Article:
While we are at it, take a look at the planning board’s page on the website, specifically rule #6. It says anyone who wants anything from the board has to do whatever the board asks… So pay your fees and bring me the broom stick of the wicked witch of the west and you can have your permit… You may think that is ridiculous… but is it?
“Applicant and owner must agree to Planning Board conditions or no approval will exist.”
That sounds like absolute power to me, and absolute power corrupts absolutely…
So think again if you believe this article is just about some farmer who didn’t apply for the right permits… It is a perfect example of a town without courage to talk to its citizens, without heart to help them and without brains to know that people will remain quiet and passive for only so long.
The citizens of Cambria deserve better treatment. They deserve collaborative leadership. This is still small town America, where sunflowers and small business will not cease and good citizens will not desist just because someone who hides behind their title sent a letter. Cambria townspeople: It time to pull back the wizard’s curtain and find a way for all of us to live and WORK together.
It has been a little bit over a year now since we began the restoration process at the historic Forsyth Tavern and a very limited number of people have been able to see the work that we have done so far.
For this reason, here is a little update on what has been going on behind the scenes at the Tavern---
Currently the Dominick family is working hard to preserve and restore our barn complex which was in terrible shape when we took over the property.
When finished, we hope that a portion on the barn complex will be open to the public as part of Jay Bird Antiques. We are also currently working on obtaining the permits for this great little antique shop to open in our beautiful little hamlet of Warren's Corners.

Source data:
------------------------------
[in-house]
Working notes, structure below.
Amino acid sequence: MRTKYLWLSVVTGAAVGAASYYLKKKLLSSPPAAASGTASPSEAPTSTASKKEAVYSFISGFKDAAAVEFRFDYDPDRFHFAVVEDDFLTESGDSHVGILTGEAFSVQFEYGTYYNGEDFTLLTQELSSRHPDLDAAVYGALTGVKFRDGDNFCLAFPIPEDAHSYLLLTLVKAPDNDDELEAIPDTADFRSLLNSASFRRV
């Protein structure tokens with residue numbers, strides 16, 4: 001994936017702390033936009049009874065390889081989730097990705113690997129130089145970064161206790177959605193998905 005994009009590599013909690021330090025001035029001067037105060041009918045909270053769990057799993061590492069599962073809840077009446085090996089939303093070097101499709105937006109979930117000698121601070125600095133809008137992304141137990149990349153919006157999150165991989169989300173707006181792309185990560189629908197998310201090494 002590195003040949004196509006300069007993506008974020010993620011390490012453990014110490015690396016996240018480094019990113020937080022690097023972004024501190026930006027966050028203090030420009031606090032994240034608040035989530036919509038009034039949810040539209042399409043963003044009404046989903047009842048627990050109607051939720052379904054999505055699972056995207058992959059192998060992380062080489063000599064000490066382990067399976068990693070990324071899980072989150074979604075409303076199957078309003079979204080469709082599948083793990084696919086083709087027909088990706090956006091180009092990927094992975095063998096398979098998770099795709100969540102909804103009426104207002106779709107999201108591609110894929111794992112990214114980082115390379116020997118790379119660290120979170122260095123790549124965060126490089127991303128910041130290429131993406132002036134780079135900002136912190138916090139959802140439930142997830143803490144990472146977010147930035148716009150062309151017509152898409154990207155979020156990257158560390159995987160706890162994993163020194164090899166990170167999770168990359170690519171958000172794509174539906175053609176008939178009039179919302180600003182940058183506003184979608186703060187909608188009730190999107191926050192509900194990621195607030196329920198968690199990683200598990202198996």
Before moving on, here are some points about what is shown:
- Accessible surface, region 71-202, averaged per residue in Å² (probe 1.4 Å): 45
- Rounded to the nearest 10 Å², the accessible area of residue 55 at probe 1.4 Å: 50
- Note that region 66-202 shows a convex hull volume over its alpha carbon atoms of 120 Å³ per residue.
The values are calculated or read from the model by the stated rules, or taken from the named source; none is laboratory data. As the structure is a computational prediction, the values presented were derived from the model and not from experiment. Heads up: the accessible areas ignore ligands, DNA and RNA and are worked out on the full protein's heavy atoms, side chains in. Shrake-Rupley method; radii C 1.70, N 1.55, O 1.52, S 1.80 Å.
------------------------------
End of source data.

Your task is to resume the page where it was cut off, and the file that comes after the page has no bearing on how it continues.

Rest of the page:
Back inside of the Tavern we are currently working on installing a Unico heat and air system which will help keep this beautiful structure comfortable in both summer and winter which we think that both our guests and the house will appreciate as fall comes racing towards us.
As always, thank you for checking in on us and we truly hope to see you all soon. Until then we hope that you enjoy watching our progress and don't be afraid to reach out, ask questions, show your support or share with us anything that you think we might find interesting!
Looking to see who owned your Niagara County historic home?
Click the link below to download a full sized version of this map to aid in your research.
The Forsyth will be opening its doors this coming weekend during the Cambria Town Wide Yard Sale. Stop by to see our progress on our historic restoration of the property or to shop in our little antique shop currently set up just in front of our barn. We would love to see all of our neighbors and friends at this once a year town event!
Early Settlement Warrens Corners
Beaver Dams Ruin Land
Forsyth First Settler
Wild Animals In Abundance
Tavern Erected in 1806
Indian Invasion Repulsed
Brave Women Rewarded
Romance Named Hamlet
Beach Family Arrives
The Steadman’s Settle
Haner’s Commodious Loghouse
The Carleton Family
Col. Sutherland Arrives
The First Sawmill
Carlton’s First Cidermill
Capen and Sabins Arrive